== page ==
The facility houses an immense collection of historical documents and records, including records about Alaska and the Indigenous peoples of the area.
In Perseverance Theatre’s “A Tlingit Christmas Carol,” Scrooge is a successful CEO of a Native corporation subsidiary in an unnamed town. He’s also a boarding school survivor.
Rep. Don Young said “billions in federal funding will be left on the table over the next decade” if census takers can’t get an accurate count in Alaska.
The project reframes discussions about climate change and places Indigenous voices from America’s northernmost city at the forefront.
“It was a really tough decision — but the health and safety of our delegates, participants and attendees comes first,” AFN president Julie Kitka said in a statement.
Census data guides federal funding, but fewer than 50% of Alaska households have responded.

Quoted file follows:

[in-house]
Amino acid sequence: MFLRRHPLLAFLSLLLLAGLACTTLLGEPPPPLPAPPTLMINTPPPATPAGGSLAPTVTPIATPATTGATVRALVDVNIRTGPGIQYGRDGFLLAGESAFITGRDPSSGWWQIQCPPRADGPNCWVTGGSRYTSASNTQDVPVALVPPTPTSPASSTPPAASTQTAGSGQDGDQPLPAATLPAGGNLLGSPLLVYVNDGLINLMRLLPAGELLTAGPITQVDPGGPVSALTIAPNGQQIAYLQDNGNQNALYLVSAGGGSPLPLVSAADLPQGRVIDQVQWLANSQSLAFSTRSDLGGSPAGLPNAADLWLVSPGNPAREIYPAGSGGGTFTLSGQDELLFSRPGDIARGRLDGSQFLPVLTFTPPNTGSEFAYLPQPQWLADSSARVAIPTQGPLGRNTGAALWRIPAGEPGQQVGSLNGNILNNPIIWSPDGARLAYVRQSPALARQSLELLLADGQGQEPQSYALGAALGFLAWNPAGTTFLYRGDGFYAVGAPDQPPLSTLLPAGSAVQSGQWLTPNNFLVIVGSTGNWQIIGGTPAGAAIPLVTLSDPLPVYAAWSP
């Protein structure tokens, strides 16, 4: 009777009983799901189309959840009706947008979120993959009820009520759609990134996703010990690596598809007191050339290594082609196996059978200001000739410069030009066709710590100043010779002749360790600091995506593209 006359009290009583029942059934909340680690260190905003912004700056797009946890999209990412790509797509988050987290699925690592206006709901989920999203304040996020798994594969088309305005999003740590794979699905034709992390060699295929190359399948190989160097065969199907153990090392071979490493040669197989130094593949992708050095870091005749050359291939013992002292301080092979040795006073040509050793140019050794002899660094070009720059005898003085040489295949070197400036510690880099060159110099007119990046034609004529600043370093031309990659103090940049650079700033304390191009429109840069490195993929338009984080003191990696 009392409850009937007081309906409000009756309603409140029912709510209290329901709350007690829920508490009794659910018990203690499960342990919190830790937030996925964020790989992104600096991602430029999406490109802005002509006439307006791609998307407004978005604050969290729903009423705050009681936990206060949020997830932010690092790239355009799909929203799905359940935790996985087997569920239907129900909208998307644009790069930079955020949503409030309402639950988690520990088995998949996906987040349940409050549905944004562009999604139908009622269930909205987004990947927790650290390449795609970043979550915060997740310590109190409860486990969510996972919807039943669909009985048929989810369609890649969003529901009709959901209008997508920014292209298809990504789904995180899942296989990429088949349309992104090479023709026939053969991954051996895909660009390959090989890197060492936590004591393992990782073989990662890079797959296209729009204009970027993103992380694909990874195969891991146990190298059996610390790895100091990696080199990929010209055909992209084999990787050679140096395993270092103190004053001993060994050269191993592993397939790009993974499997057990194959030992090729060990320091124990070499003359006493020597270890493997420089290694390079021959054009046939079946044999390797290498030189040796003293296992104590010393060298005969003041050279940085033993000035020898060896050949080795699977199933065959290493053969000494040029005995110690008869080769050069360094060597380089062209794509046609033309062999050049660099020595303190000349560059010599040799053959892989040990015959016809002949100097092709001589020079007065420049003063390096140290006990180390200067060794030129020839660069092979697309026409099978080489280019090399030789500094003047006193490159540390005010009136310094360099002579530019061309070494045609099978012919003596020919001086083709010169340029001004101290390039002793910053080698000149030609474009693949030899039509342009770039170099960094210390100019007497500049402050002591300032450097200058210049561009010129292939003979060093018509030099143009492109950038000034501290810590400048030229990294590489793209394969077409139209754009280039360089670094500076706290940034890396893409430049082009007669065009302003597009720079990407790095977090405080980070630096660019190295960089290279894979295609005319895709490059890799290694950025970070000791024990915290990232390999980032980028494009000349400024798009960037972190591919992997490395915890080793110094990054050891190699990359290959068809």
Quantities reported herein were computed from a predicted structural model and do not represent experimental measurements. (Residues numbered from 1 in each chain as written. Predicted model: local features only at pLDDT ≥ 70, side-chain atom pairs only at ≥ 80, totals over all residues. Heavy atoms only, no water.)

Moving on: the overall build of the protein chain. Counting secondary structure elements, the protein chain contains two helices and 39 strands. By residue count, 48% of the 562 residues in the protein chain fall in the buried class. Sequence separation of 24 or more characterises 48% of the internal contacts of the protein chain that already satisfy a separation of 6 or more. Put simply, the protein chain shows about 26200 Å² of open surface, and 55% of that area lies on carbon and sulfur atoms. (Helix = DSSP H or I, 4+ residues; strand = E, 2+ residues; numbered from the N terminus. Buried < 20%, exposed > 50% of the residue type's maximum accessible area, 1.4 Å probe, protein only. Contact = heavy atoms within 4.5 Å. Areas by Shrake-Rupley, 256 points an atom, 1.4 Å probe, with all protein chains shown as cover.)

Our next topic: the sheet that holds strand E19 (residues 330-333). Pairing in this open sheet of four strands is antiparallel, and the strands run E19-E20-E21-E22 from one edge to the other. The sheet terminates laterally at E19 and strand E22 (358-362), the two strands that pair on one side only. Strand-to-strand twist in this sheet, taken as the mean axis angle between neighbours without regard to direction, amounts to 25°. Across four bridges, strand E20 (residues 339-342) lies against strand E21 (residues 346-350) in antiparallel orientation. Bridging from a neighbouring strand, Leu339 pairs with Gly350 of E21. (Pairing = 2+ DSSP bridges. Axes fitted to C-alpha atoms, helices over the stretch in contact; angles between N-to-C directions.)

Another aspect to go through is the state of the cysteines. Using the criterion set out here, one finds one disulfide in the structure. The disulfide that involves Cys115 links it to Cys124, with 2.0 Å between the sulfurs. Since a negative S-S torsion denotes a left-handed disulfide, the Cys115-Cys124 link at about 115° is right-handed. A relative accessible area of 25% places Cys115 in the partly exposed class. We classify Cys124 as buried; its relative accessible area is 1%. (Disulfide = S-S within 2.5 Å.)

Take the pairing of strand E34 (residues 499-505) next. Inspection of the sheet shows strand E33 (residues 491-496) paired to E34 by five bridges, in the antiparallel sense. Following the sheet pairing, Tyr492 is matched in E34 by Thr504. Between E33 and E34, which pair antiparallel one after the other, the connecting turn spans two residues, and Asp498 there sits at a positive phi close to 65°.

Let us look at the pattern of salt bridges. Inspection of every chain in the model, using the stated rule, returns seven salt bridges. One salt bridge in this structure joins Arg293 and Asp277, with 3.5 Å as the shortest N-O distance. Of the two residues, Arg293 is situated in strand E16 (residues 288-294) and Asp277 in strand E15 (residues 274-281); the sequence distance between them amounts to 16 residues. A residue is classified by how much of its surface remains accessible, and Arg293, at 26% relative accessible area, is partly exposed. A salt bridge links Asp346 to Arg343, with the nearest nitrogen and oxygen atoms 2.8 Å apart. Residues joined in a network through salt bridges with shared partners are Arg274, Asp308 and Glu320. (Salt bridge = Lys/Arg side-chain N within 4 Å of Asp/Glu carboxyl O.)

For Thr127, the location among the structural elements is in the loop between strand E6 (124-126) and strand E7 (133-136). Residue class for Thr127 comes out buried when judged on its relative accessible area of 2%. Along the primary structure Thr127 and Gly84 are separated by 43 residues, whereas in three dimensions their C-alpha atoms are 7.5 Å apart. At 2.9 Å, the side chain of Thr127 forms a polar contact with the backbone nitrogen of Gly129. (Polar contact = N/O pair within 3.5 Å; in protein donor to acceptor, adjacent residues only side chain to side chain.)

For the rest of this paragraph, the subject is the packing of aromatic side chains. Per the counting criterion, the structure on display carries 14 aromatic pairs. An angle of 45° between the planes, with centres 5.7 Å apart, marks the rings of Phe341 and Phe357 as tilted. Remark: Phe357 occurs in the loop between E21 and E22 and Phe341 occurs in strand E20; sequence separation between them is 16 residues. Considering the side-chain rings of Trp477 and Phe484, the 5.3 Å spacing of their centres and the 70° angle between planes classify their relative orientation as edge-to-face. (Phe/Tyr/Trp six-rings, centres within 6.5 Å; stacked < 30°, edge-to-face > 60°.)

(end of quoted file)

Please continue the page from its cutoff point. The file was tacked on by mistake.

The decision came Tuesday, July 7, 2020, as Tribal nations appeal a ruling in late June that said the Native corporations were eligible to receive the funding.
In Alaska, the names of settlers and explorers can be found everywhere: roads, cities, buildings and statues — all reminders of Alaska’s colonization and the impact it has had on the Indigenous population.
Southcentral Alaska’s only gas supplier wants to boost residential bills by 4.6 percent to pay for mostly infrastructure investments.